How much of your time do you devote to sending, reviewing, and responding to emails?
At work, writing and sending emails is a typical form of communication. Also, it is the most ideal method of communication, as it is quick and effective in all fields and all job functions. Furthermore, with the increase in remote work (i.e., working from home) introduced in numerous workplaces, the frequency of writing, reading, checking, and responding to emails is increasing.
According to research from Statista, there are approximately 4 billion email users, and by 2024, this figure is expected to rise to 4.48 billion. However, the amount of emails received, sent and reviewed can lead to job stress and burnout. In other cases, you may be wondering and asking yourself, ‘How do I respond to this email’? If you want to spend less time worrying before clicking ‘send’, you need to get better at creating great emails that will save you time – which could be used more productively!
You only get one chance. Therefore, you must make sure that the first interaction is effective because first impressions stick with people. It is important to remember, that if you are writing to a colleague or someone you already have a connection with, you can start your email with “Hi” or “Hello”. However, if you are writing to someone you don’t have a formal business relationship with, like a client or a hiring manager, start with “Dear”.
Consider the following before composing your message: What result am I hoping my email would produce? What am I requesting of the recipient (person who will receive the email)? Asking yourself these questions will allow you to produce emails with a clear intention. This is because business emails are normally brief, courteous, and sent with a specific goal in mind.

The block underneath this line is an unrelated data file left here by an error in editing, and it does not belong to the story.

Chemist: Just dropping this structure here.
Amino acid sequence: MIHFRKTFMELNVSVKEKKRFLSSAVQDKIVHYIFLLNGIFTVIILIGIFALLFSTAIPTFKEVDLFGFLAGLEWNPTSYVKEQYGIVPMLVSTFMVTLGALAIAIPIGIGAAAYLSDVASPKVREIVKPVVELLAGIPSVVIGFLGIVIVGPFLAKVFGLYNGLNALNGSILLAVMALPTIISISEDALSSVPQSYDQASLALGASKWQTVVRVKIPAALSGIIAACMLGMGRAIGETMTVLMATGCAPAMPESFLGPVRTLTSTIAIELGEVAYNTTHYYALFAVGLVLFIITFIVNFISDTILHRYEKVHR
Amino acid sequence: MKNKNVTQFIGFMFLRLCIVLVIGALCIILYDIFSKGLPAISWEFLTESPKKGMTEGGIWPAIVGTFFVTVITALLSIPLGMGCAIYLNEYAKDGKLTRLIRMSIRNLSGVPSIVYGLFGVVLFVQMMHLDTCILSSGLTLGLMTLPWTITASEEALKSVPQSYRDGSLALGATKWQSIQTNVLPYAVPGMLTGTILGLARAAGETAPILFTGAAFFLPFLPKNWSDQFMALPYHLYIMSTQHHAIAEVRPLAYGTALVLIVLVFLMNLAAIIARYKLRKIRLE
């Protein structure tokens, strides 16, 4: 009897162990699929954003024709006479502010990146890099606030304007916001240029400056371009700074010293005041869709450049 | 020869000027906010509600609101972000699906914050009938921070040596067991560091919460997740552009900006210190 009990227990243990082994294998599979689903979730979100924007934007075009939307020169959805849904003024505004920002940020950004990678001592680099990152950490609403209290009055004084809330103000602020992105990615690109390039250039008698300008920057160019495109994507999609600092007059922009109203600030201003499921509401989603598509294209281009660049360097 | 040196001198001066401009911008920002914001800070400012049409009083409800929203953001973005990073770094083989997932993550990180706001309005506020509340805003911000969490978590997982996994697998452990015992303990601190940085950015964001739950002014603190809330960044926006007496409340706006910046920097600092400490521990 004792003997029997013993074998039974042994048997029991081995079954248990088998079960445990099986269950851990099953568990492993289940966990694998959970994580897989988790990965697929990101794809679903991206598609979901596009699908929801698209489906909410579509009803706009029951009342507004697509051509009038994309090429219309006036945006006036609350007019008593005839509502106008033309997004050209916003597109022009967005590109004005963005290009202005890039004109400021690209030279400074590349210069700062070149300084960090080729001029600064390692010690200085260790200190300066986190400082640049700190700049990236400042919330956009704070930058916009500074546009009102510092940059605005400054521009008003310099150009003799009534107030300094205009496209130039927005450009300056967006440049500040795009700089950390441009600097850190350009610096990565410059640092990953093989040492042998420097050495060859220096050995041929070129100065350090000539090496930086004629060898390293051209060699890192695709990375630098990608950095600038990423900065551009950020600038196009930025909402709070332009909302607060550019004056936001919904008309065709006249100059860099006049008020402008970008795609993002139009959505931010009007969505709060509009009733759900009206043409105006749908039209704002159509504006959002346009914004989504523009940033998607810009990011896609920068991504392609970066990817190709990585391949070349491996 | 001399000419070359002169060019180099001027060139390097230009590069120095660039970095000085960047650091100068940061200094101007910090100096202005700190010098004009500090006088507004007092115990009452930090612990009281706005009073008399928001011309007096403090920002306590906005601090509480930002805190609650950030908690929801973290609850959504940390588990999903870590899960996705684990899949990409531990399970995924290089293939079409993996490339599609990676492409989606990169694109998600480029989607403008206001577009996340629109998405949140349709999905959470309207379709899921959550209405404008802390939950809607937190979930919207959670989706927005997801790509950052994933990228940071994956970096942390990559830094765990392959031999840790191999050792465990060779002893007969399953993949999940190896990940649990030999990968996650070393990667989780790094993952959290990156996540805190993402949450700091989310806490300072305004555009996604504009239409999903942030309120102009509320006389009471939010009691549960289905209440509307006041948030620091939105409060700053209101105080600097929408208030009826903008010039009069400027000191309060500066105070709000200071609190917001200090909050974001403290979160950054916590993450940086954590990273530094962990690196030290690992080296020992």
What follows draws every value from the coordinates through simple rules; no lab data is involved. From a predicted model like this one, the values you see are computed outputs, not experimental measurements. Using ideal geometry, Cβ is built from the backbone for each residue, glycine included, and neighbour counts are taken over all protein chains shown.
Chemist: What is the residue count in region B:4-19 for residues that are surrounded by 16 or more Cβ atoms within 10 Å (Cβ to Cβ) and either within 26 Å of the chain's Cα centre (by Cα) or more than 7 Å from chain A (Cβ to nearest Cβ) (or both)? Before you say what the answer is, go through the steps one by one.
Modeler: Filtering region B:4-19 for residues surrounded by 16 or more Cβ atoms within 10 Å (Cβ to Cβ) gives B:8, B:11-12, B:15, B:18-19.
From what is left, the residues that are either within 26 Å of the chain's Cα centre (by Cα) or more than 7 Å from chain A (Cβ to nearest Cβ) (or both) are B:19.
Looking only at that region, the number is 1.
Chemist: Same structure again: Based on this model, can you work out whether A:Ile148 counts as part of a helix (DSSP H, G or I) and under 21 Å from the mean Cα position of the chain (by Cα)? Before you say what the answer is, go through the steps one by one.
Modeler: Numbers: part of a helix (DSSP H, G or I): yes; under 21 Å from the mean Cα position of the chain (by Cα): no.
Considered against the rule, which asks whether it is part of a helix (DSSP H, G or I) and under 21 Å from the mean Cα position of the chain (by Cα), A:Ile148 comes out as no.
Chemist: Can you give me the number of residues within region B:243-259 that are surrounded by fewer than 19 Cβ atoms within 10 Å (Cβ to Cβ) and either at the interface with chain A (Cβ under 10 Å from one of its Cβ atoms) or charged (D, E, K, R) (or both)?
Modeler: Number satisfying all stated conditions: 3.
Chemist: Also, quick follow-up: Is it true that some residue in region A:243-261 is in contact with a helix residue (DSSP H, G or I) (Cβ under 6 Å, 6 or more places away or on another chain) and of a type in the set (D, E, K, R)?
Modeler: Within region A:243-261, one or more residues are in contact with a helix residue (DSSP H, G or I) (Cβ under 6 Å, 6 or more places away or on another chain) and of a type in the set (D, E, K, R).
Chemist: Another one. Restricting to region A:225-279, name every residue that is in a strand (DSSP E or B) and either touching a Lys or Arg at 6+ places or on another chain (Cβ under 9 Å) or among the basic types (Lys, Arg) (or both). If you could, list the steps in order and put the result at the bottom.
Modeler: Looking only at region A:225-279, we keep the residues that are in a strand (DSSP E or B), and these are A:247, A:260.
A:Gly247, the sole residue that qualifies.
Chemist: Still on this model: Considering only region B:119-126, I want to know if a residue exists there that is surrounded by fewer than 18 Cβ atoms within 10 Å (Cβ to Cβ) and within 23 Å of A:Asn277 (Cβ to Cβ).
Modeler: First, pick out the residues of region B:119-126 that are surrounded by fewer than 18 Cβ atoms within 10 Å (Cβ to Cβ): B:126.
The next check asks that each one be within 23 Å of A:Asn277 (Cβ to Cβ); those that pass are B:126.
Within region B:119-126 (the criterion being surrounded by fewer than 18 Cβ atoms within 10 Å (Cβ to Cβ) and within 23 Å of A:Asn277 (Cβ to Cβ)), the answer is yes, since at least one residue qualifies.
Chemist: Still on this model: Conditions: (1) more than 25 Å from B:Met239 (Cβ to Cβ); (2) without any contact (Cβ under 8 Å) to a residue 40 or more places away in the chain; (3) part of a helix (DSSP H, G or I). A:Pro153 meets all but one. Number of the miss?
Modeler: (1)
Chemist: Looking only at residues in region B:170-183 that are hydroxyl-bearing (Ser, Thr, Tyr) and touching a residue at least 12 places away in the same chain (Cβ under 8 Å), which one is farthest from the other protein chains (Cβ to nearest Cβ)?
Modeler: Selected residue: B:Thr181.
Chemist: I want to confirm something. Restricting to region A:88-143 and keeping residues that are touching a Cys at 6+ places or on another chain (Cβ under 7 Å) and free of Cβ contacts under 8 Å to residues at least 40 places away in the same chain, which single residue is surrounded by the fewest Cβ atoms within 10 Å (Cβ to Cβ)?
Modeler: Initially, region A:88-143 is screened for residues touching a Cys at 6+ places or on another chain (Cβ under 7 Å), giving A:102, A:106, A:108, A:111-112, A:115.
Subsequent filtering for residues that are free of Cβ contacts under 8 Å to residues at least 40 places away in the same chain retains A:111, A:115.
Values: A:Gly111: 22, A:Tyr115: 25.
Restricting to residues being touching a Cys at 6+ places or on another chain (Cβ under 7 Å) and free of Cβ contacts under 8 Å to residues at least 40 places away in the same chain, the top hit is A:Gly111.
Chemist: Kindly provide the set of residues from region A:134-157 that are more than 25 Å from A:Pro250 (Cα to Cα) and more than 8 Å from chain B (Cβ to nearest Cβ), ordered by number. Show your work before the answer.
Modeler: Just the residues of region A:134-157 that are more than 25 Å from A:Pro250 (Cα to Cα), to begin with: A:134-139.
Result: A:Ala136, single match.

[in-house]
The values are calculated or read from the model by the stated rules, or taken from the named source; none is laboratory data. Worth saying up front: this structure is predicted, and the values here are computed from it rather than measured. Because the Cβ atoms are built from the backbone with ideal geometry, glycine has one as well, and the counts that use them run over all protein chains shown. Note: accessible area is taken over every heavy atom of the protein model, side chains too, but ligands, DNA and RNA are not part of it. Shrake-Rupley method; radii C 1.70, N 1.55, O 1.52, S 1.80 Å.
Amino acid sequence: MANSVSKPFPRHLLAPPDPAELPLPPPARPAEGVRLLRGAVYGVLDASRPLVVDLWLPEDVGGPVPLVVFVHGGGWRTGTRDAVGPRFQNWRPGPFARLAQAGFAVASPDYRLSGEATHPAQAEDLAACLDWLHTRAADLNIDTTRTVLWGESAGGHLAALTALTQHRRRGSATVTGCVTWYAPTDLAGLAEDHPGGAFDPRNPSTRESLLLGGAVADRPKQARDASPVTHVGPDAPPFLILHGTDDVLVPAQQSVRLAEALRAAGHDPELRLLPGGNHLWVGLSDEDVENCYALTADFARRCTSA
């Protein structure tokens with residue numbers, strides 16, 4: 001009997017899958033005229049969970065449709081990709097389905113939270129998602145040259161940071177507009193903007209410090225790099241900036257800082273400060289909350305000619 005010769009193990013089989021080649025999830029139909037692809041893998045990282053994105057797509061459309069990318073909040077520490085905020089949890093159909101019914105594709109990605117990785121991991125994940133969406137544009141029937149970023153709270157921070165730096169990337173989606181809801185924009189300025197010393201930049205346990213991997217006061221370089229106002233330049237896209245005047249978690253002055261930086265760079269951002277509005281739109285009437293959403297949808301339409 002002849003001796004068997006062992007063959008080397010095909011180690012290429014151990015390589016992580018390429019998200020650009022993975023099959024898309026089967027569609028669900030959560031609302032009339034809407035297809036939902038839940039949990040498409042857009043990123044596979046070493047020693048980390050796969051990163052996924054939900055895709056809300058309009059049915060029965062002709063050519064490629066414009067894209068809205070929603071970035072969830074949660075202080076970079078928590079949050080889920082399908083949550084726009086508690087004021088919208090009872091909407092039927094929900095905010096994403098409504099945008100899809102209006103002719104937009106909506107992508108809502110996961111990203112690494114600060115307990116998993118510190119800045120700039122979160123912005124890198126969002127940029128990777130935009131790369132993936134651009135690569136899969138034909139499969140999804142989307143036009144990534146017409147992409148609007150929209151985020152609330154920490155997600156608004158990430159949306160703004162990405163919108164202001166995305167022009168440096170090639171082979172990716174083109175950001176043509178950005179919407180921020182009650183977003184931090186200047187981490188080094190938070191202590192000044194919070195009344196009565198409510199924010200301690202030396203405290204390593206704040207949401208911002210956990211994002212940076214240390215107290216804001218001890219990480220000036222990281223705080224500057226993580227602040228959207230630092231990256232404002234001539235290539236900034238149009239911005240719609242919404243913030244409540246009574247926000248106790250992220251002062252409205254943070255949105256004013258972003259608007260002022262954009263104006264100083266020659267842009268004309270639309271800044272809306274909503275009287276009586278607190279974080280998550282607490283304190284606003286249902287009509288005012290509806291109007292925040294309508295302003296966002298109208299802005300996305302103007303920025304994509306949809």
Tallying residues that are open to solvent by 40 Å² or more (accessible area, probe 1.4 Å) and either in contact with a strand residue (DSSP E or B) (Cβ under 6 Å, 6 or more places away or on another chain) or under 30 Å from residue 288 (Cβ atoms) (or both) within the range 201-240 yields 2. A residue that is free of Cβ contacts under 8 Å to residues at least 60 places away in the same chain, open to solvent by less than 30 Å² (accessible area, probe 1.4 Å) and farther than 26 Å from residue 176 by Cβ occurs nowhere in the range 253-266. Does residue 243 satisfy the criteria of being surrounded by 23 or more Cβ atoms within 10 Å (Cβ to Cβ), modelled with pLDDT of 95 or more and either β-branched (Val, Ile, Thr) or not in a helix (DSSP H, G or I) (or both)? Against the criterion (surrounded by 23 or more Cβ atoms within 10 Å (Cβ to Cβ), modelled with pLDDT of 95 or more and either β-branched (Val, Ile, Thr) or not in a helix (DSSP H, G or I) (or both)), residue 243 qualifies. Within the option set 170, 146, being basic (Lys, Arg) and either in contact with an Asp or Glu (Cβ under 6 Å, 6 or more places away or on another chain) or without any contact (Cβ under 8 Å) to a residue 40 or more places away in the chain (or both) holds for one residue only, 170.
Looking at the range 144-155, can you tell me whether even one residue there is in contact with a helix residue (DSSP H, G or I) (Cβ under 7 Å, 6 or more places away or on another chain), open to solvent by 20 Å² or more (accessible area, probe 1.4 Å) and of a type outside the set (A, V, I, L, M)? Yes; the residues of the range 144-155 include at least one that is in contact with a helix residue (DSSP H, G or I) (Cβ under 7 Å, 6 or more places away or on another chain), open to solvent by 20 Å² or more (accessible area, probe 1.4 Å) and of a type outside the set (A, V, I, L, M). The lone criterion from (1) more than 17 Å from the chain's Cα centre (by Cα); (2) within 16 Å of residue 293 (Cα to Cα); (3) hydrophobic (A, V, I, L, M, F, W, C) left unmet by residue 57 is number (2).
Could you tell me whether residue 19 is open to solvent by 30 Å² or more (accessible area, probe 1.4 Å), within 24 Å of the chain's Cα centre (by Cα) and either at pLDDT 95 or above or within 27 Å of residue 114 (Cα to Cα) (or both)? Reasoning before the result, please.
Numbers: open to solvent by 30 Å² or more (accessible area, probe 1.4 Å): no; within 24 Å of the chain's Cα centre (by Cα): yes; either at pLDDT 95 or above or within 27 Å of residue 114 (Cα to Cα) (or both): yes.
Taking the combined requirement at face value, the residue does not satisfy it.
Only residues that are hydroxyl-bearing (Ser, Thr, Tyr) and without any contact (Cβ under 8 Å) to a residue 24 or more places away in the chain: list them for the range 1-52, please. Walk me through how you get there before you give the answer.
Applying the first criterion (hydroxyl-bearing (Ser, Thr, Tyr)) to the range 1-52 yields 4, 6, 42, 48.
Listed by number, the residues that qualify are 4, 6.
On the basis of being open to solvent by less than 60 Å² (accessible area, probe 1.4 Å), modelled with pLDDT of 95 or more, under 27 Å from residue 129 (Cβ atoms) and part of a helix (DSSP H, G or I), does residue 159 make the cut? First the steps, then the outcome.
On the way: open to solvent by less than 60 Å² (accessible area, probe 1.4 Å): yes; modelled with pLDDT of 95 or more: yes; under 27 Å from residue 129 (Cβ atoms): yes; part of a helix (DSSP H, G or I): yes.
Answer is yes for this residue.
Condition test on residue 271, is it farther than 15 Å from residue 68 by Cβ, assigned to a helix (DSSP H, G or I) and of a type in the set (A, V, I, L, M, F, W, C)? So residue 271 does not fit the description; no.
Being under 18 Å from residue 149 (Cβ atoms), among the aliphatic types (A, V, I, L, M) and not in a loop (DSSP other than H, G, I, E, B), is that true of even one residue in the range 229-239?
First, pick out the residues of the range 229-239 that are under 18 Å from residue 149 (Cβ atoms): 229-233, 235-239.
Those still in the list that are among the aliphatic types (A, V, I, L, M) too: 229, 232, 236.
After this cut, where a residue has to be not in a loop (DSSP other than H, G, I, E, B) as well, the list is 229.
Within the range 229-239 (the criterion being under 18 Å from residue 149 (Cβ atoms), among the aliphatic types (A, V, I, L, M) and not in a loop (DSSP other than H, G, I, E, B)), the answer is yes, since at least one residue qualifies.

Make sure your subject line has information regarding the topic you want to talk about, so it is clear to the recipient. This will stop emails from being sent back and forth (send many emails) due to confusion.
Researchers claim that every email is an interruption, so your email must be valuable if you are asking someone to read it. Jeff Su said in the Harvard Business Review, “Don’t waste time or words getting to your point, be clear with why you’re messaging and what you want”. Some of the important reasons why you write a professional email are to share information and provide updates to colleagues and/or other people.
Remember, a professional business email is normally the ultimate format for business communication because it saves people time. Therefore, avoid long messages, as short emails show you respect the recipient’s time.
Emails are here now and for the future. It is possibly the most efficient communication method in the world of business, and probably always will be. This shows that writing professional emails is an important skill to learn and takes time to practice. The tips mentioned above, however, will help you improve the skill of sending professional emails.